Have you ever had somebody motivate you by placing no expectations at all on you?

If your wife has ever said something like this to you - “You just sit there. I will clean out the garage, go shopping, wash the car and vacuum the carpet so we’ll be ready for your folks visit” - you probably get my meaning.

I got an email this week inviting me to have an interview with clinical psychologist Leslie Landis, the author of the book “The Art of Overeating.” What better timing than Thanksgiving week to have an invitation to indulge?

 The book lists the “Top 10” reasons to be an overeater.

1. Instant gratification saves time
2. Aren't we supposed to end world hunger?
3. Why cut pork when the government won't?
4. Grow the economy and yourself.
5. The U.S.A. can still be No. 1 in something!
6. Excess is a normal American trait.
7. It is good exercise for your jaw.
8. You won't have to fight temptation.
9. Overeaters get a lot of attention.
10. It sure does taste good.

Landis said inspiration for her 140-page, high graphics book came from frustration with her husband’s overeating. “I got to realize this was kind of funny; what was one person’s anxiety was another person’s laugh.”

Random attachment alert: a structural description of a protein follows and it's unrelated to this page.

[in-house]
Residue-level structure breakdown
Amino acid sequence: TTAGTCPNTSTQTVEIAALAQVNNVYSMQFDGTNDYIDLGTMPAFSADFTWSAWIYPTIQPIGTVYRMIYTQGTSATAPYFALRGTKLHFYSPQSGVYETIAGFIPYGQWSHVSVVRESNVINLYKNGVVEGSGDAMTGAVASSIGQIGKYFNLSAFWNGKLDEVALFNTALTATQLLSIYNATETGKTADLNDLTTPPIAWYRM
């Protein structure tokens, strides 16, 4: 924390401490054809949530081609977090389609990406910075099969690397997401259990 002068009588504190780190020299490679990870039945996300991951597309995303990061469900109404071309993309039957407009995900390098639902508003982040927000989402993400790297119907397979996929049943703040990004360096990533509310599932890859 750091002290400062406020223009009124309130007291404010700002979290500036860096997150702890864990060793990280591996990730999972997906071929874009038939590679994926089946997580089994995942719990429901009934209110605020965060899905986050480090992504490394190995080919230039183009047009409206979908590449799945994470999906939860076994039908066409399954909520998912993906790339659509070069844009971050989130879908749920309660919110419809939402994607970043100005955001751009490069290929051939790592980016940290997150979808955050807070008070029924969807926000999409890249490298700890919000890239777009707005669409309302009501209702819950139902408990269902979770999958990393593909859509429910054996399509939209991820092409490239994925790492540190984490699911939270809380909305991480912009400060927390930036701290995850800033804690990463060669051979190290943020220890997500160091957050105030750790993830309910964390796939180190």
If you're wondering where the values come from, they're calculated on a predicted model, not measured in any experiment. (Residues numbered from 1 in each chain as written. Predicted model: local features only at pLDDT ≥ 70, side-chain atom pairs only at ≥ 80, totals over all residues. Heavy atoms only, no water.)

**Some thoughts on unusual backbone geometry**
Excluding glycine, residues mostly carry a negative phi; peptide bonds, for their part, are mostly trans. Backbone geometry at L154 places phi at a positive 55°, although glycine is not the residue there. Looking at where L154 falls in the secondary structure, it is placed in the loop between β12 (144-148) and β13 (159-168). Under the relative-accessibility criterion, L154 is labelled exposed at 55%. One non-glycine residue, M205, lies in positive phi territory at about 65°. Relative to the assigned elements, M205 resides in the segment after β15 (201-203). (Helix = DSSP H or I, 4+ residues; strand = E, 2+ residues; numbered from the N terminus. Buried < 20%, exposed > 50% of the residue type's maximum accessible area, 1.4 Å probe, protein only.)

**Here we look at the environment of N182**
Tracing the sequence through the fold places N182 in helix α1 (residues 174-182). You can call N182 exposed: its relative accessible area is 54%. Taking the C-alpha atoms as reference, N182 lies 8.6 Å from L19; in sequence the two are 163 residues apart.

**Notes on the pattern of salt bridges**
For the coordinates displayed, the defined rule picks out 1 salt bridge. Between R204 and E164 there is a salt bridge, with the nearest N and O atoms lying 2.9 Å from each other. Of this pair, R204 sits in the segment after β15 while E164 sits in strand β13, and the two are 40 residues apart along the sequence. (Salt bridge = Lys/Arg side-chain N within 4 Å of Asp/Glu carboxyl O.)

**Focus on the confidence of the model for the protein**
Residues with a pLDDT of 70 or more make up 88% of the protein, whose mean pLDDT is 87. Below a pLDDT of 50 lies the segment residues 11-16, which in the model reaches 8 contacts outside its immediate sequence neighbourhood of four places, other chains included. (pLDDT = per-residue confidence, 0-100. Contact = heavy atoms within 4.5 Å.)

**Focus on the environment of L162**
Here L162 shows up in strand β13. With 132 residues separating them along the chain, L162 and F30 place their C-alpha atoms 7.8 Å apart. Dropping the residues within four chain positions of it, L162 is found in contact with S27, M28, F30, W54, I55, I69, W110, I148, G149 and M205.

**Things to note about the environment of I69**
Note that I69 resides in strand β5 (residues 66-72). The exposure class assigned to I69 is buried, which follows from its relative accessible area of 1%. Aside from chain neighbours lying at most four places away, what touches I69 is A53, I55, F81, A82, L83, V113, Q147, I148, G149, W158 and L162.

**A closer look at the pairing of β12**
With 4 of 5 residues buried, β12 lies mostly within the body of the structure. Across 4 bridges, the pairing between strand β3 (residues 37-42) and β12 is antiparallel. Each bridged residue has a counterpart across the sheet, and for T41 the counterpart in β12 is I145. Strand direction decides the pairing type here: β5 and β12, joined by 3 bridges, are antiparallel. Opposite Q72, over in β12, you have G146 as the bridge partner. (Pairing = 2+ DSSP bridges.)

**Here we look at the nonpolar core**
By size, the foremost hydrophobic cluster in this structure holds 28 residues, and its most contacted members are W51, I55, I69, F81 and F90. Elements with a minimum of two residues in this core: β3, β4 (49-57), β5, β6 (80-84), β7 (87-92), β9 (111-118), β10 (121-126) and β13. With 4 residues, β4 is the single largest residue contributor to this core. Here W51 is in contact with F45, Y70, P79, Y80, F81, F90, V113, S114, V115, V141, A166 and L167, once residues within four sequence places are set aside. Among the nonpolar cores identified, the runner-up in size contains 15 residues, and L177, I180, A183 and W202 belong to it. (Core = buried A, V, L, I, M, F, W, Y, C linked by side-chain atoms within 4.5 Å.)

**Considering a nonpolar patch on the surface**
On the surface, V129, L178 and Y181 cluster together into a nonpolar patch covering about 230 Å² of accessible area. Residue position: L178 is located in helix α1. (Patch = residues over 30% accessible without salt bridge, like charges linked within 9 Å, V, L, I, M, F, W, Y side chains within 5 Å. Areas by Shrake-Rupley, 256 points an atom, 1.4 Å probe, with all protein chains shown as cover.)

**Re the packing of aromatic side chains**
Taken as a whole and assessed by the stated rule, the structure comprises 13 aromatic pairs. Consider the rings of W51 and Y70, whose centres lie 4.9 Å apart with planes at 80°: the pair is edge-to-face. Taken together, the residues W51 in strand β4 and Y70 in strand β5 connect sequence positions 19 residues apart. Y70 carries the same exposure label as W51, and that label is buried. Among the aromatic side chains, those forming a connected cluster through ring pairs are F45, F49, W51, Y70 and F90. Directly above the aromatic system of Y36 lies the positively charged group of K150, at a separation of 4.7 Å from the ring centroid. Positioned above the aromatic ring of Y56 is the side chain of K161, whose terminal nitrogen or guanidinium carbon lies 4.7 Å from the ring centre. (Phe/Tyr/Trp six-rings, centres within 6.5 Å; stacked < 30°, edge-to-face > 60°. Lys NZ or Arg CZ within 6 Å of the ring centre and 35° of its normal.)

I asked Leslie if readers “get” the over the top, ironic humor. Perhaps some readers pick up the book with genuine earnestness, hoping for some kind of validation for their excess?

“I think (readers) get it very much; I like to say the only person who would take my book seriously is someone who would want to weigh over 600 pounds,” he said.

To put a fine point on it, Landis said she sees the book as a satire on the diet industry. Considering the relentless advice on how to diet, she said her book is one alternative that gives the freeing advice on how to excessively overeat.

“I think humor can help people see something in themselves and I think that is why comedians point our very human foibles,” she said. “We recognize ourselves.”

Landis observes humor can be very much more effective than shaming people and making them feel badly about themselves. In fact, her husband lost 25 pound by “identifying with overeating behaviors and changing his habits.”

She’s got a point. I know I’ve gotten up off the couch given the proper dose of reverse psychology.

Landis said the book – on sale at Barnes & Noble - was her first but she hopes not her last. Look for another installment in the “Art of” sometime down the road. If you want to get a “taste” of the book, check out the Web site at www.TheArtofOvereating.com.